Another recipe called for cooked rice to be added to the milk instead of cooking the rice in the milk. I liked the idea of being able to use my leftover rice for the recipe, but in the end, the dish tasted nothing like what I’d come to love at restaurants. I finally stumbled on the recipe I was craving when a mother in one of my daughter’s school classes, who happened to be from Mexcio, brought in a snack for a room party. Rice pudding. I sampled it and sure enough, the rice was just the right texture with a hint of creaminess. She graciously passed along her recipe, which I’m now passing along to you.
1 cup rice
4 cups water
1 cinnamon stick (or ½ teaspoon ground cinnamon)
Peel of one lime or lemon (alternatively use 1Tablespoon of zest)
1, 14-ounce can sweetened, condensed milk
2 egg yolks
1/4 cup raisins
- Rinse the rice in a colander under cold water until the rinsing water comes out clear on the other side. (This helps remove extra starch on the outside of the rice pieces.)
- Boil the water with the cinnamon stick and the fruit rind for about 2 to 3 minutes in a medium-sized cooking pan on the stovetop over medium-high heat.
- Add the rice to the water and cook over medium-high heat.
- In a separate bowl, mix the condensed milk and egg yolks with a fork.
- When the rice is cooked through but still firm, reduce the heat to low. Slowly add in the milk-egg mixture and raisins, stirring frequently for 3 to 4 minutes or until the rice is soft.
- Turn off the heat and cover the pan. Let the rice continue cooking and steaming for about 10 minutes or so.
- Remove the cinnamon stick and the fruit rind and serve. Rice pudding can be served warm or cold and sprinkled with a little cinnamon.
2-½ cup pastry flour
1-teaspoon sea salt
½ cup all natural palm fruit oil
½ cup cold butter
Mix oil and butter into flour mixture with fingers until crumbly.
½ cup chilled water.
Do not over mix at this point. Dough will be sticky. Cover with plastic wrap or wax paper and allow to rest in refrigerator for 1 hour.
Divide dough in half. Roll out onto a lightly floured surface into an 11” circle to fit pie pan.
7 cups thinly sliced Northern Spy apples
½ c. sugar
¼ c. brown sugar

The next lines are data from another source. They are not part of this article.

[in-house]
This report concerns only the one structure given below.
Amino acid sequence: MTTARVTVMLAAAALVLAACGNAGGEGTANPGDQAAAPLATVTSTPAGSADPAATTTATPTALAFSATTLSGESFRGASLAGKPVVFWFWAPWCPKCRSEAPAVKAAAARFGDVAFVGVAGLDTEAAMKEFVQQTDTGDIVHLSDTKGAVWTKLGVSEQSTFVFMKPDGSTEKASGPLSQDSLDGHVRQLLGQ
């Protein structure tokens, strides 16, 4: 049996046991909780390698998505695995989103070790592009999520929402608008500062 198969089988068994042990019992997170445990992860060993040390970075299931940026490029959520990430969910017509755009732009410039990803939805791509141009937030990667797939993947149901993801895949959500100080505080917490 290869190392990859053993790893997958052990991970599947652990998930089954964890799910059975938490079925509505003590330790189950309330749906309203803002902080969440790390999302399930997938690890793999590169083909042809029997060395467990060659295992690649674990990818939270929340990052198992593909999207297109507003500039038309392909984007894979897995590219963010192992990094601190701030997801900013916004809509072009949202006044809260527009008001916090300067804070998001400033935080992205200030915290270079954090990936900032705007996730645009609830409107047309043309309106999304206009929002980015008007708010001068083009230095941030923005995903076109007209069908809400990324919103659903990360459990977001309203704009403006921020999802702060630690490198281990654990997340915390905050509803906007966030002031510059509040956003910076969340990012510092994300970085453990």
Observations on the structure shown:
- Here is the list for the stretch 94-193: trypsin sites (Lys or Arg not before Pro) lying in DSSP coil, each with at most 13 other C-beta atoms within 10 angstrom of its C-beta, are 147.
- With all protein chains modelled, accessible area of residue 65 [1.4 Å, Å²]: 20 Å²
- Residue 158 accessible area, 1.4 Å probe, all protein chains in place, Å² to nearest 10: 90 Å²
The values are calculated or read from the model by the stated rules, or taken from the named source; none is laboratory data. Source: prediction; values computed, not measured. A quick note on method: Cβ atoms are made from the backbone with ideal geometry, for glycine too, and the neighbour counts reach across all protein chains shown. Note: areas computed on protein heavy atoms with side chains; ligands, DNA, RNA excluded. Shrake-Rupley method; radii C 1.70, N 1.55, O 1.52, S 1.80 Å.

¼ c. flour
½-1 t. cinnamon
3 T. butter
Toss until apples are well coated; pour into bottom crust and dot with butter.
Roll out top dough disk, cover pie and crimp edges. Flute top crust for steam to escape while baking.
Brush top crust with water or egg and sprinkle with 2 T. sugar.
Bake at 375 degrees for 1-¼ hours or until golden brown and apple are tender.
If apples are not tender yet crust is becoming too dark, lower over temperature to 350 and continue to bake until apples are tender. Insert a fork into the middle of pie to test the tenderness of apple slices.
*Note that Wendy Achatz suggests using Northern Spy apples. I couldn’t find any at the grocery store so you might need to substitute another variety.
Special thanks for Wendy Achatz for sharing her recipe with MKES!
Sure, glorified Chex mix studded with chocolate and powdered sugar pops up (affectionately known as puppy chow at our house). But brownies seem relegated into the last-minute-I-just-remembered-I-had-to-make-something category. It’s too bad.
Here’s my theory–most brownies just aren’t pretty enough. I thought about that the other day as I was flipping through a flyer for holiday gifts and the Perfect Brownie Pan Set was right on page one. Really? A whole pan dedicated to baking neatly cut brownies. Again, my thought is that folks really want to make brownies good enough for the cookie tray. But forget about an extra pan!
If you really want to spruce up your brownie, try a few of these tweaks. And hey, if it doesn’t work for you, you can still buy the brownie pan later…
•Wax paper to the rescue!
Brownies get crumbly when you cut them in the pan. Try coating your regular brownie pan–mine is a 9×13″ casserole dish–with cooking spray. Then press in a piece of wax paper onto the bottom and sides of the pan (parchment paper works even better–but I always have wax paper on hand, not so for pricier parchment). Once the brownies have cooked and cooled you can lift them out of the pan on the waxed paper and then cut.
•Chill, then cut
Using a paper lining–either waxed or parchment–is the first step, the next is to wait to cut your brownies. If I’m not in a rush, I’ll put the whole brownie pan in the fridge overnight and cut on day #2. If I need the brownies that day, it’s into the freezer for an hour or so. Once the brownies are chilled, then lift them out of the pan, using the paper, and then onto a cutting board.
Resist the urge to just start cutting. Look at your rectangle’s worth of brownie and make your cuts from corner to corner instead of just across. Diamond-cut brownies are so much prettier! (And you’ll have to eat all the extra ends:)
Now that you have a perfectly cut brownie (no extra pan insert required), it’s time to add pizzazz. My standby is to melt about 1/4 cup of semi-sweet chocolate chips along with a tablespoon of butter in the microwave until smooth. Then, using a fork I drizzle chocolate across the cut brownies. Another trick: fill a Ziploc baggie with 1/2 cup of smooth peanut butter. Place the sealed bag (make sure there’s no extra air) into a cup of warm water. Let it sit for a couple minutes and then trim a small hole in one corner of the bag. Make peanut butter patterns on your brownies then add chopped peanuts to complete the look. Refrigerate for about 1/2 hour more to set.
•Top it again
Along with drizzling chocolate or peanut butter over your brownies, what about adding crushed Oreos, candy canes, mini chocolate chips…I could go on, but you get the idea.
Do you have any tricks for making your brownies, well, more presentable?